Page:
Here, the acknowledged master of surrealist film starts with a sequence set in the Napoleonic era, then shifts to modern France for the rest of the film. A series of seemingly unconnected vignettes then unfold — some hilarious, and most totally bizarre. (Highlight: that dinner party with guests seated on toilets!). Each odd, provocative set piece flows into the next, without the benefit (or strictures) of linear narrative logic. Still, they give Buñuel ample opportunity to satirize and deflate the social forces which most fascinated and repelled him, including organized religion, politics, war and sex.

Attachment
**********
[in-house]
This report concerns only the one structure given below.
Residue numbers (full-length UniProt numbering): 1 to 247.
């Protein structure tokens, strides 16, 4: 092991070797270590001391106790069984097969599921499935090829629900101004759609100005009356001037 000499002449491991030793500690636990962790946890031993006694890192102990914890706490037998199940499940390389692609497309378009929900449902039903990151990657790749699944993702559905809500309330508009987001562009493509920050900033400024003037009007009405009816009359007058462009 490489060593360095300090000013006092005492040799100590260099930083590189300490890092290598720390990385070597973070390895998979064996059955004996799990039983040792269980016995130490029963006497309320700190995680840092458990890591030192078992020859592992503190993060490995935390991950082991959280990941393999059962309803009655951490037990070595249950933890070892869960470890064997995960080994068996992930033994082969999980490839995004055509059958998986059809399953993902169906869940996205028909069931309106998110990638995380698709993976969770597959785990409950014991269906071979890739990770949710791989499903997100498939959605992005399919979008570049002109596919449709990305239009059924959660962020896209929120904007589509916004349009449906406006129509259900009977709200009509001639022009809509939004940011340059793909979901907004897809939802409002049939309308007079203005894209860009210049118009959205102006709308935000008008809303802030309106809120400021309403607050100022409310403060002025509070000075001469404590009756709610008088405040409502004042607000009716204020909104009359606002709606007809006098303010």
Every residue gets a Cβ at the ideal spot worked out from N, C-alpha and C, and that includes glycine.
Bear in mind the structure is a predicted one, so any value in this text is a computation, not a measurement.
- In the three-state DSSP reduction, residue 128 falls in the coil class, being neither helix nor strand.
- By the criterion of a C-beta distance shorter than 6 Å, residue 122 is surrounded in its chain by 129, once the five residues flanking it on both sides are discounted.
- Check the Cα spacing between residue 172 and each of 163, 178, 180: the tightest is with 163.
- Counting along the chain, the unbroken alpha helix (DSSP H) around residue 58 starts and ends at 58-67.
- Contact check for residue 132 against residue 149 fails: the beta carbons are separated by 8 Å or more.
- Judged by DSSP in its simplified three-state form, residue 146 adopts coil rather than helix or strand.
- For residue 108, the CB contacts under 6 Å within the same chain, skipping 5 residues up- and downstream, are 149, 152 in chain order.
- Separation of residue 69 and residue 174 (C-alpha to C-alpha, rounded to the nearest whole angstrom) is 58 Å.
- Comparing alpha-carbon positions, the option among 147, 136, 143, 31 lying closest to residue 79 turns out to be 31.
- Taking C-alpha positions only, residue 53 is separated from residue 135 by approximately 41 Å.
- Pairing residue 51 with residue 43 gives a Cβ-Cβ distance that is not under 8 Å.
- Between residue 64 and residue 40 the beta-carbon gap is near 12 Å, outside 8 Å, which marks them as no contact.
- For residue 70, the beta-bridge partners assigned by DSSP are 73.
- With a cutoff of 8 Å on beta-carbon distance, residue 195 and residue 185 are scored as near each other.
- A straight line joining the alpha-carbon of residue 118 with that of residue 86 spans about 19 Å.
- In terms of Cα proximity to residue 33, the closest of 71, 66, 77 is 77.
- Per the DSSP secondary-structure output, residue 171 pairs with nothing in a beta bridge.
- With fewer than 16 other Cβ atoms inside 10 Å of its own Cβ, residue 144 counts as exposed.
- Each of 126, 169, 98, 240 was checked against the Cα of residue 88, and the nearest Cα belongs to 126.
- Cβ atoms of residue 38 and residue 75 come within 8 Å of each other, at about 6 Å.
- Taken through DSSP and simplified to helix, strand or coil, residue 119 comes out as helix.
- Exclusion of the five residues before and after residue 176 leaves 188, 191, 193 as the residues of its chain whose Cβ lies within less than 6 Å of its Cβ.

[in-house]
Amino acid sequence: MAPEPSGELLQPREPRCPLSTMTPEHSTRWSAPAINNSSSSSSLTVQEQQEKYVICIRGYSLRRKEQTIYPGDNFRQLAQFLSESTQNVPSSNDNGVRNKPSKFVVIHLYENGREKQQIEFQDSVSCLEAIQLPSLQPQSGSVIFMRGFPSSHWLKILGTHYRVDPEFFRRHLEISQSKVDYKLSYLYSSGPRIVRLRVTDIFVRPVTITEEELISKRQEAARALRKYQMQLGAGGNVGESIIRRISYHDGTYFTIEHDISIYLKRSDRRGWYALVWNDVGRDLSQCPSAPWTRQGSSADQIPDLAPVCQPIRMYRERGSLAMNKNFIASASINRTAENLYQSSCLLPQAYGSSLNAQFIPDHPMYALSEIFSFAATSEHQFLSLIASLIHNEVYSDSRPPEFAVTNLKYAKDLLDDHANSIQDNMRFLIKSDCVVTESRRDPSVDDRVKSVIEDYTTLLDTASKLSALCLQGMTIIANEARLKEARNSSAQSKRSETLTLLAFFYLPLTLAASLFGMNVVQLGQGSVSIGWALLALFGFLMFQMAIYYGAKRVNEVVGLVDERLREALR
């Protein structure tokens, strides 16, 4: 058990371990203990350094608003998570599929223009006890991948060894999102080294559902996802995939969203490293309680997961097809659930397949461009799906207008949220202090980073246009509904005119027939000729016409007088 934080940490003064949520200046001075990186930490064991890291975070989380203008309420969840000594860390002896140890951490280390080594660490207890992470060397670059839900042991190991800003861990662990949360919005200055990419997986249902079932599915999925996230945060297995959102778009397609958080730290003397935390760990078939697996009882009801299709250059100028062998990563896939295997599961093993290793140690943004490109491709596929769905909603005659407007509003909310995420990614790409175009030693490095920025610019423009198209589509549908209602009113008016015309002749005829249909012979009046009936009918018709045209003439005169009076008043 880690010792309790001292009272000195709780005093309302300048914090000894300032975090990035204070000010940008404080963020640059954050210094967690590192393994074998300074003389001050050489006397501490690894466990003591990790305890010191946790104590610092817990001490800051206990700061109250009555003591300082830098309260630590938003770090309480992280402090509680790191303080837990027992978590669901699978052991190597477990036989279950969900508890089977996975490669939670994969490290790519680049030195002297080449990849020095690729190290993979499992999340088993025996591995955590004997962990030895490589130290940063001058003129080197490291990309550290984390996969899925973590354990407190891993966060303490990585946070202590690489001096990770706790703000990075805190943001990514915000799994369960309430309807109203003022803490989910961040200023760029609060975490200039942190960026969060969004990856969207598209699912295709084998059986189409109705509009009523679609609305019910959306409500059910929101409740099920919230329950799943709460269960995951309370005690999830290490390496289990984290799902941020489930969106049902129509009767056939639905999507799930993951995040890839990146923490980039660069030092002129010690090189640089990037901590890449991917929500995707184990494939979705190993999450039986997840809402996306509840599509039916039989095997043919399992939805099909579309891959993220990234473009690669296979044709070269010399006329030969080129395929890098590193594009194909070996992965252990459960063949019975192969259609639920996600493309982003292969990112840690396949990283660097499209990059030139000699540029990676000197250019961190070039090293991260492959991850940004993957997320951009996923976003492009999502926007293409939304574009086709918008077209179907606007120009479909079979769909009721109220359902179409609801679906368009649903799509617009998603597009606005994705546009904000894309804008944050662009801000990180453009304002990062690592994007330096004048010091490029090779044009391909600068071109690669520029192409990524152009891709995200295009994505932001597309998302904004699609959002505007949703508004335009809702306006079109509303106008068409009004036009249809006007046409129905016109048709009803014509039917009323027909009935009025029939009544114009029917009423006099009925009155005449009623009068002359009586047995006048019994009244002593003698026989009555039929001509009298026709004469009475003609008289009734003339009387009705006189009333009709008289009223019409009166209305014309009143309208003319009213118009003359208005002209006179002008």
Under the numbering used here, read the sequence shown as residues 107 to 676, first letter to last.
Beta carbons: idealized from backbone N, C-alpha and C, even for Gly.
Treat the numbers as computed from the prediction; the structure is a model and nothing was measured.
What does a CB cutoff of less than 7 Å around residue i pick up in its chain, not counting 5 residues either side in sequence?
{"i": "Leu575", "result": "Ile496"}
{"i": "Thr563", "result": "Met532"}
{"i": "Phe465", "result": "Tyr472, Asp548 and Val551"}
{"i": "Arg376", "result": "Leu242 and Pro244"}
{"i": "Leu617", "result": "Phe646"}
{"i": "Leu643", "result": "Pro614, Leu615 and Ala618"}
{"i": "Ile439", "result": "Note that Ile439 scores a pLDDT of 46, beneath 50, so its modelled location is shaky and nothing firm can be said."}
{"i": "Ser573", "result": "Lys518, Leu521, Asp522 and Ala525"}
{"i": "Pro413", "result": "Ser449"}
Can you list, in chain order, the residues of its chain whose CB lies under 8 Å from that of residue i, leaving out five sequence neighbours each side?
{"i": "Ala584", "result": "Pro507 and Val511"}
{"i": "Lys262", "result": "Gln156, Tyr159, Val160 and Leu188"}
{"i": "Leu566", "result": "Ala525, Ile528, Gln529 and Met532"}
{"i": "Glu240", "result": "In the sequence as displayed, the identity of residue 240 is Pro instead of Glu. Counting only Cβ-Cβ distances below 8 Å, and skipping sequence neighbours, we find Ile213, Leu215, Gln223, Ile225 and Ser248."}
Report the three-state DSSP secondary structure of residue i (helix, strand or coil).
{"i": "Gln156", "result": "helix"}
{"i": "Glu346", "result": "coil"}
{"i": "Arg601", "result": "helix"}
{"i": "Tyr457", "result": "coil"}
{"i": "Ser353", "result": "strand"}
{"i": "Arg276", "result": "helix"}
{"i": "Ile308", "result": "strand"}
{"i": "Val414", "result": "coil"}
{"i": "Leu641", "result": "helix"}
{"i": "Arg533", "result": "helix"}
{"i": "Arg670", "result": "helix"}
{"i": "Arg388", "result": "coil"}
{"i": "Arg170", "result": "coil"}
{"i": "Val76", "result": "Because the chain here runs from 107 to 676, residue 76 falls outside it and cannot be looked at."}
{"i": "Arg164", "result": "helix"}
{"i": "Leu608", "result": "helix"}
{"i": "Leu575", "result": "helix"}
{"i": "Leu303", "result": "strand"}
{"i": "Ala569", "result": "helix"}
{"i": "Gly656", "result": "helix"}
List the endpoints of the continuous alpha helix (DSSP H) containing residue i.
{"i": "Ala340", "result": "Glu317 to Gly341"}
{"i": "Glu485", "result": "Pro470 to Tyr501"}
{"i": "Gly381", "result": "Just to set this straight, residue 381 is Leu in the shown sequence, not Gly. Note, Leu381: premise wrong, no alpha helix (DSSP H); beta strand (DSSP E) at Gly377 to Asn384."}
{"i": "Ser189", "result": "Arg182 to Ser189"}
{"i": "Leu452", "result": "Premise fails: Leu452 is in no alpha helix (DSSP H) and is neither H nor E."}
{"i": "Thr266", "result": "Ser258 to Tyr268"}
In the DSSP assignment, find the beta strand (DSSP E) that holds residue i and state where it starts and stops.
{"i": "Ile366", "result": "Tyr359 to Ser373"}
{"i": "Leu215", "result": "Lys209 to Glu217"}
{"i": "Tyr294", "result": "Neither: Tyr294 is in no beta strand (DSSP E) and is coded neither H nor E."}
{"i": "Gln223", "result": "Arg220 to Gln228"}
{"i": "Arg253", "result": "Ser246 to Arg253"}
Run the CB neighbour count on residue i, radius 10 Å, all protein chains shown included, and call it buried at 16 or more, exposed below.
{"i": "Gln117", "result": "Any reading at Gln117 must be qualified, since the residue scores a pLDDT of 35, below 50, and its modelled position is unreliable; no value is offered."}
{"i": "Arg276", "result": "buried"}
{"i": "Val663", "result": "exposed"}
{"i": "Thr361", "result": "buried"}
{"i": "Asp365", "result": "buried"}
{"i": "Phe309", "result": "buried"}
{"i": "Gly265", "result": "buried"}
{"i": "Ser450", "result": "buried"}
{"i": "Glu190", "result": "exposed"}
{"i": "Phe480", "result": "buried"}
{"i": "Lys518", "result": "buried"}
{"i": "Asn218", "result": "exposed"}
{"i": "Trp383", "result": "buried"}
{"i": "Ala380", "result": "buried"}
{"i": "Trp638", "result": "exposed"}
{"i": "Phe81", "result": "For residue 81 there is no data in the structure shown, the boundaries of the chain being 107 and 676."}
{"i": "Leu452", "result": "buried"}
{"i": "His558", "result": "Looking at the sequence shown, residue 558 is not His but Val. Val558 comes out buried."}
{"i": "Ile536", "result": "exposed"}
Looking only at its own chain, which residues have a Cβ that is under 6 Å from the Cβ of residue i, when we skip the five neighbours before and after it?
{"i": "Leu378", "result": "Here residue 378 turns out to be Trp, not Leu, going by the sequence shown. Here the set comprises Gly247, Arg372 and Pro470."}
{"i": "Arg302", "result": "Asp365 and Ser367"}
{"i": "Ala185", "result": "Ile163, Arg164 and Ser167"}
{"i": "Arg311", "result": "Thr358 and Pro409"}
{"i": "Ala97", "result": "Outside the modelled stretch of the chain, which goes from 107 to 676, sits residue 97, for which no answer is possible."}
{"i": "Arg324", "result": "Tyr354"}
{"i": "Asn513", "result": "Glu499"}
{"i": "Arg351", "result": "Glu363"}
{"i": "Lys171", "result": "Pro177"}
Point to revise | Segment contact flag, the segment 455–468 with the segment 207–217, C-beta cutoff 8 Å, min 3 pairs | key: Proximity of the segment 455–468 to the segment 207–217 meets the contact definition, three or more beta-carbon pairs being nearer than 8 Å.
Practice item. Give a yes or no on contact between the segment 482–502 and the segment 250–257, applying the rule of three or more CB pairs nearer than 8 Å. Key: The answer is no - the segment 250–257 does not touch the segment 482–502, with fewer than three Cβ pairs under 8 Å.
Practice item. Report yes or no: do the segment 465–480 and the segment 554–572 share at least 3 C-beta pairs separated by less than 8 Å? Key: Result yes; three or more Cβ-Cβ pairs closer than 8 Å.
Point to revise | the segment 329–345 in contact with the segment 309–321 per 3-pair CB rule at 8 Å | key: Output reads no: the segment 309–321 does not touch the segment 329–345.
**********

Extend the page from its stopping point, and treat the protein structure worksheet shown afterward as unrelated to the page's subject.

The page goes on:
The work of Luis Buñuel — particularly his later output — is an acquired taste to be sure, but endlessly fascinating once acquired. Throwing away any semblance of traditional narrative, Buñuel works with celluloid as Magritte and Dali did with paint, applying his surrealist vision to impose an absurdist slant on various bedrock institutions and conventions. While this film may leave you scratching your head at times, it will also make you think; not an altogether bad outcome. Give me "Liberty"!